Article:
Patrick Beverley says Clippers ultimately wanted to 'stay united' with others in vote to play

Patrick Beverley admits there were disagreements during an emotional players meeting Wednesday, but the LA Clippers ultimately wanted to "stay united" with every NBA team and resume the playoffs.

"I think collectively as a team, we just wanted to stay united with every other team here in the bubble," Beverley said of what changed for the Clippers from Wednesday to Thursday. "And of course the dialogue that we had was between players -- players only -- but whatever dialogue that was, it came out to be positive.


"Anything with communication -- good communication, bad communication, emotional communication, any type of communication -- leads to answers. And we've been fortunate to have a good PA (National Basketball Players Association). ... Communication was good and it led to some action, and that's the most important thing."

Initially, the Clippers and the Los Angeles Lakers voted on perhaps not continuing with the postseason when polled during an emotional meeting between players and coaches, sources told ESPN's Adrian Wojnarowski. The players ultimately voted in favor of continuing the season on Thursday.

Yahoo Sports reported that Beverley had a contentious moment during the Wednesday night meeting with NBPA executive director Michele Roberts.

"Oh, just we had a very interesting conversation," Beverley said Friday. "The PA is like a family... You don't always agree with your family members, and that's OK. You communicate about it and you try to make it better. Whatever the dialogue was or whatever you guys think it is, we made things better yesterday, meeting with the owners, and that's the most important thing."

Several NBA teams returned to practice Friday, and Clippers coach Doc Rivers said players needed the past two days to just step back from basketball and all the heavy emotions so many players and coaches were feeling in the aftermath of the police shooting of Jacob Blake on Sunday in Kenosha, Wisconsin.


"The key to this thing is that I think we all needed to take a breath," Rivers said. "We needed a moment to breathe. It's not lost on me that George Floyd didn't get that moment. But we did. And we took it. And the players got to refocus on the things that they wanted to focus on outside of their jobs.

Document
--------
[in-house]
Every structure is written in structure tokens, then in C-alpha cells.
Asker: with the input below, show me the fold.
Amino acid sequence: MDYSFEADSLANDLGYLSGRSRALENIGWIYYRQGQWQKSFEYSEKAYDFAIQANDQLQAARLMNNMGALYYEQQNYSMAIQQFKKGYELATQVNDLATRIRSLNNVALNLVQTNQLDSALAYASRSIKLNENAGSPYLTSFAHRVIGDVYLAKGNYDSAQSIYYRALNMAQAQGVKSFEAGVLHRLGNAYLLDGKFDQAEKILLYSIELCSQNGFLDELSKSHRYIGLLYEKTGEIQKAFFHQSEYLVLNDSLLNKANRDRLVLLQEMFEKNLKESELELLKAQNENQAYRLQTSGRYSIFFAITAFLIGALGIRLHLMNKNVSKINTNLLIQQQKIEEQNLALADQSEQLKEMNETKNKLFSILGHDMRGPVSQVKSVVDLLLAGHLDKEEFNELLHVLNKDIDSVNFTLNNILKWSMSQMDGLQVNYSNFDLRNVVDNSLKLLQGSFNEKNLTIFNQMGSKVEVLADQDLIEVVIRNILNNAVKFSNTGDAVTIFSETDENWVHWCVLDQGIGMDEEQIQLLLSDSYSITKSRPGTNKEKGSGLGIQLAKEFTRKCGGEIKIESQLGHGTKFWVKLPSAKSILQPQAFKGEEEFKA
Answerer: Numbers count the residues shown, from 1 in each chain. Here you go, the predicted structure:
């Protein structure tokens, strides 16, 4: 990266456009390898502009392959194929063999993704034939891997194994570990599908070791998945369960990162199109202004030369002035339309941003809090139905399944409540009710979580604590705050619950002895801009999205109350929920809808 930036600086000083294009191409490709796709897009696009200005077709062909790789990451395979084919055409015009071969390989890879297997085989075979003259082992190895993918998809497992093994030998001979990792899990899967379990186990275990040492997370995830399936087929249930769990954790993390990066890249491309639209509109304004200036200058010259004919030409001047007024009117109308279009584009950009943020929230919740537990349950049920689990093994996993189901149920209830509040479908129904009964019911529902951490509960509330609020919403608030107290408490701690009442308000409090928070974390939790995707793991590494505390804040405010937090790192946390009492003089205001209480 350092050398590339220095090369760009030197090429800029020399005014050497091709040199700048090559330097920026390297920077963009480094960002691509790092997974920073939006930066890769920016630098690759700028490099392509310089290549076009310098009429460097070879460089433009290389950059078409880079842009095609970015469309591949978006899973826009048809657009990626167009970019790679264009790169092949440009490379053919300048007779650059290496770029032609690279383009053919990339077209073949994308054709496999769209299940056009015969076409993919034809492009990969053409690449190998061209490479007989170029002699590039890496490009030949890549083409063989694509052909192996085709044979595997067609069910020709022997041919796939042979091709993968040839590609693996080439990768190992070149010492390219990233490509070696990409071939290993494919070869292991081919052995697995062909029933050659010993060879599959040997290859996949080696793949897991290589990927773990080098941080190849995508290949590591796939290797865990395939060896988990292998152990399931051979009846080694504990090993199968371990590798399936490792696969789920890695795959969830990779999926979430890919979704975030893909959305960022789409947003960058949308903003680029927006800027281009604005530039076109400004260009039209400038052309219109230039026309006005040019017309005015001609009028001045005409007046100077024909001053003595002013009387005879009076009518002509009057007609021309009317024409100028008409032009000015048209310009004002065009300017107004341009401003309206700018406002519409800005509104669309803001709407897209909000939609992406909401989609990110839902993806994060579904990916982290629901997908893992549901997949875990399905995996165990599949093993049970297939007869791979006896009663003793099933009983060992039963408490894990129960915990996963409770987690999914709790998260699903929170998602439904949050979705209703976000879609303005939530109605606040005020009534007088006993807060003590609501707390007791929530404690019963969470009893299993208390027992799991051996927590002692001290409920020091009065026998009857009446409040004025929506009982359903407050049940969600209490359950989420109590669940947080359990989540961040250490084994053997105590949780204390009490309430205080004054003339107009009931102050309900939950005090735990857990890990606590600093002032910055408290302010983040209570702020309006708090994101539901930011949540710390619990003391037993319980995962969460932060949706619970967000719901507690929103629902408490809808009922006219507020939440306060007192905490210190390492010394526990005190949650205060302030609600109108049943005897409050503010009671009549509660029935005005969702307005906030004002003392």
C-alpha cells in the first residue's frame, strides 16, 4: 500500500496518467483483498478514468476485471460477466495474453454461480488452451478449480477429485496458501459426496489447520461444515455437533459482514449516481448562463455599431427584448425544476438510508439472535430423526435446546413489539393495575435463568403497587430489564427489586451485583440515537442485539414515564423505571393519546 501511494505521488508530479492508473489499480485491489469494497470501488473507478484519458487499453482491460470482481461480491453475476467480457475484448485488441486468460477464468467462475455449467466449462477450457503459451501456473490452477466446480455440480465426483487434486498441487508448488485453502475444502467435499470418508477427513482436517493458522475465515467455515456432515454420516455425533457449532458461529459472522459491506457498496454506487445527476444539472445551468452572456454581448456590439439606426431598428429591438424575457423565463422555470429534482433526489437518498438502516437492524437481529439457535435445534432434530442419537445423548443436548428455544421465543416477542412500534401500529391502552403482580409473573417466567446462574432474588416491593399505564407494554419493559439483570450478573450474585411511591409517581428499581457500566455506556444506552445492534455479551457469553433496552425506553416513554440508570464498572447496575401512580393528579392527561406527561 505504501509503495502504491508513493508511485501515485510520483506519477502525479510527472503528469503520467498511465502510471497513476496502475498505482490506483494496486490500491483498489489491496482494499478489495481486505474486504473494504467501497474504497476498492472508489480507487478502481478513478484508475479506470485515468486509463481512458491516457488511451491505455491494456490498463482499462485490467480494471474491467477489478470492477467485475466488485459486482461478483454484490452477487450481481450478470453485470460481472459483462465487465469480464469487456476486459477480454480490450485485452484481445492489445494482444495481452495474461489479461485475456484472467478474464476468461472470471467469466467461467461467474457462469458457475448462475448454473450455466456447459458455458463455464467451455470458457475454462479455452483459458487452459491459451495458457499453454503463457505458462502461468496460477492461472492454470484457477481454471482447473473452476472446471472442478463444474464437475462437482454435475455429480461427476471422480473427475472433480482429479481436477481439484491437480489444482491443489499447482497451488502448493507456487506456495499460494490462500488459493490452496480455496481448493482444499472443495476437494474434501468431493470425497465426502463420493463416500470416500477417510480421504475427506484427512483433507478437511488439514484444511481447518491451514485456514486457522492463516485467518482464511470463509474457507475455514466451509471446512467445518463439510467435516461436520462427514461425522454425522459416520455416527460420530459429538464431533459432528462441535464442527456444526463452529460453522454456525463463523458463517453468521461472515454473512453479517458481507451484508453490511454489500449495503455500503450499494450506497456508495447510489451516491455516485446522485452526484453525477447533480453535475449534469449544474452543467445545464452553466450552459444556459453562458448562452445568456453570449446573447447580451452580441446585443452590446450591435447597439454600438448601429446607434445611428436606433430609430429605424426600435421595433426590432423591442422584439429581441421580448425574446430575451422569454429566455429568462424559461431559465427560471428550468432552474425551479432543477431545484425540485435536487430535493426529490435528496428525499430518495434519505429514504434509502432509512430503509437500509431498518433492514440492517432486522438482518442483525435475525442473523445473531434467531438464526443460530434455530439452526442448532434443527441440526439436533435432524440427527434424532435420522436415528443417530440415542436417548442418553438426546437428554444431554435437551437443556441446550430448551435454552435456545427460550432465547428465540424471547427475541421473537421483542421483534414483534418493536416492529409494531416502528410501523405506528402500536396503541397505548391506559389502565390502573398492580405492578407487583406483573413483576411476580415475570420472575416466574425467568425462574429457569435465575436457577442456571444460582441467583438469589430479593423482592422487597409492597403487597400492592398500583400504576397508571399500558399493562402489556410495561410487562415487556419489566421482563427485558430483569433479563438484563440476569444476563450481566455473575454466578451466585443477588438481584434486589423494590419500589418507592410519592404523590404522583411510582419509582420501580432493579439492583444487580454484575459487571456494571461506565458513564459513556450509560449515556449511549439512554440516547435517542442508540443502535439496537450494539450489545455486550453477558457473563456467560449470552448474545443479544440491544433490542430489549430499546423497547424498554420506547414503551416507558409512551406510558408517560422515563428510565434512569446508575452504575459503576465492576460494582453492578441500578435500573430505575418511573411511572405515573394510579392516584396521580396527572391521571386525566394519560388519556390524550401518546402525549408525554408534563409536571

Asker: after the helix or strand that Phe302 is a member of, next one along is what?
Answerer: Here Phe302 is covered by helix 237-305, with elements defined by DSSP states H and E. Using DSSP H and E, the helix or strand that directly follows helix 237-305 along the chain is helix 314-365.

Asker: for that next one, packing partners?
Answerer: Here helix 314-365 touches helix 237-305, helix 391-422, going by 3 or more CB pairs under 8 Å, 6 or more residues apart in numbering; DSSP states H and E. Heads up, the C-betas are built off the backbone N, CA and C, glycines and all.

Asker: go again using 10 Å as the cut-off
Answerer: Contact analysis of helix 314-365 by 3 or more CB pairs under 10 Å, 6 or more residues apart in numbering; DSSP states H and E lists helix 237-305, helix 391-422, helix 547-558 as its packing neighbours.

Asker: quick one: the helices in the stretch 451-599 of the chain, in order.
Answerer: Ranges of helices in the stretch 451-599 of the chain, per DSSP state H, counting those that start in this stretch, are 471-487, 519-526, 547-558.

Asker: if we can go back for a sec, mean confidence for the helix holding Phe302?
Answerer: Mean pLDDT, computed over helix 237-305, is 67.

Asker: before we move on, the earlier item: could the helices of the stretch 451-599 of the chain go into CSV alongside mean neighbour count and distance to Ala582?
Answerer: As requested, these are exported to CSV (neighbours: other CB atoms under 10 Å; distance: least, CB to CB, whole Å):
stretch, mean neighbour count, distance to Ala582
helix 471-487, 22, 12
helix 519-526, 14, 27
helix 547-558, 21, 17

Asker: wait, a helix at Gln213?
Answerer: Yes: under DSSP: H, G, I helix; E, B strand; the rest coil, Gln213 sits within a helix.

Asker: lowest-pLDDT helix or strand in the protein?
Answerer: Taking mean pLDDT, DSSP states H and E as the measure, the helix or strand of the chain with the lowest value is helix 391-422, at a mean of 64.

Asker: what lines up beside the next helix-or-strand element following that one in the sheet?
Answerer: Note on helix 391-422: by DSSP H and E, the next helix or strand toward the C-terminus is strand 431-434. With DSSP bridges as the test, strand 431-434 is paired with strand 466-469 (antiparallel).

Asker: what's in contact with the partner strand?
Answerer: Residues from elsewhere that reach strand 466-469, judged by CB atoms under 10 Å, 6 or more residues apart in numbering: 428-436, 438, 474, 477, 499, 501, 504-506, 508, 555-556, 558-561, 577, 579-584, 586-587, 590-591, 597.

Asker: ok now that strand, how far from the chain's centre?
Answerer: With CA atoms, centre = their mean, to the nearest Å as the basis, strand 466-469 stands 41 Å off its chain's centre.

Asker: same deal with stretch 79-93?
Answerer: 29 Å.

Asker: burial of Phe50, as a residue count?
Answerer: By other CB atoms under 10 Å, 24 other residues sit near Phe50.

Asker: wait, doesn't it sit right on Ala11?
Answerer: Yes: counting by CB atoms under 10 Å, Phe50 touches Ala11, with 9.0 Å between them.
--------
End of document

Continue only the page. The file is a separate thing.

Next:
"At the end of the day it's not the NBA's job to solve the world. It's the NBA's job to be part of the world. And so I think we've accomplished that part, but you still have to do your jobs."

Rivers said he wasn't even sure whether Wednesday night's meeting "went well," saying there was "a lot of anger, a lot of voices, a lot of emotion."

Rivers, who spoke at the meeting at the request of NBPA president Chris Paul, said he did not go to bed Wednesday night thinking the season was over, even if others did.

"I think everyone else did, but I just knew how high the emotions were, and I just had a lot of faith that it would all calm down," Rivers said. "I guess the report was the Lakers and the Clippers (voted initially to not resume the postseason). I think it was close, though. I don't think it was a layup either way."


Beverley said it was inspiring to see the players come together, even if they didn't always see eye-to-eye on issues following the Milwaukee Bucks' historic decision to not play Game 5 against the Orlando Magic on Wednesday. The Houston Rockets, Oklahoma City Thunder, Lakers and Portland Trail Blazers all followed suit and opted not to play their games Wednesday as well.

"It's hard to kind of get so many NBA guys in one room together," Beverley said. "I think it was a funny analogy. Like man, you probably have some of the wealthiest African Americans in one room in the country together, and when you get in one room and you get to talk. ... Just like you believe in certain things I might not believe in and vice versa."

Beverley said Rivers has helped the Clippers and the other NBA players navigate these past few emotional days and the social justice fight.

"He's a blessing," Beverley said of Rivers. "... Doc, he's helped us. Not only as a coach, but he's helped us kind of steer things in the right direction that we need to steer to, and he has knowledge. He's been around. He has a lot of connections. He has a lot of access to doors that me or anybody else might not have access to. He's able to put out in words that me as an athlete that I might not be able to put out. He's able to put those words out and deliver a message to not only get through to the African American, that gets through to everybody.

"F--- that, not even a coach. To even have a person like that that's in your corner, that's riding for you to, s---, put the ball in your hands. To even have a person like that, it's a great deal of respect."

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Patrick Beverley discusses his conversation with NBPA president Michele Roberts and notes that it is OK that they all didn't agree as long as they made things better.
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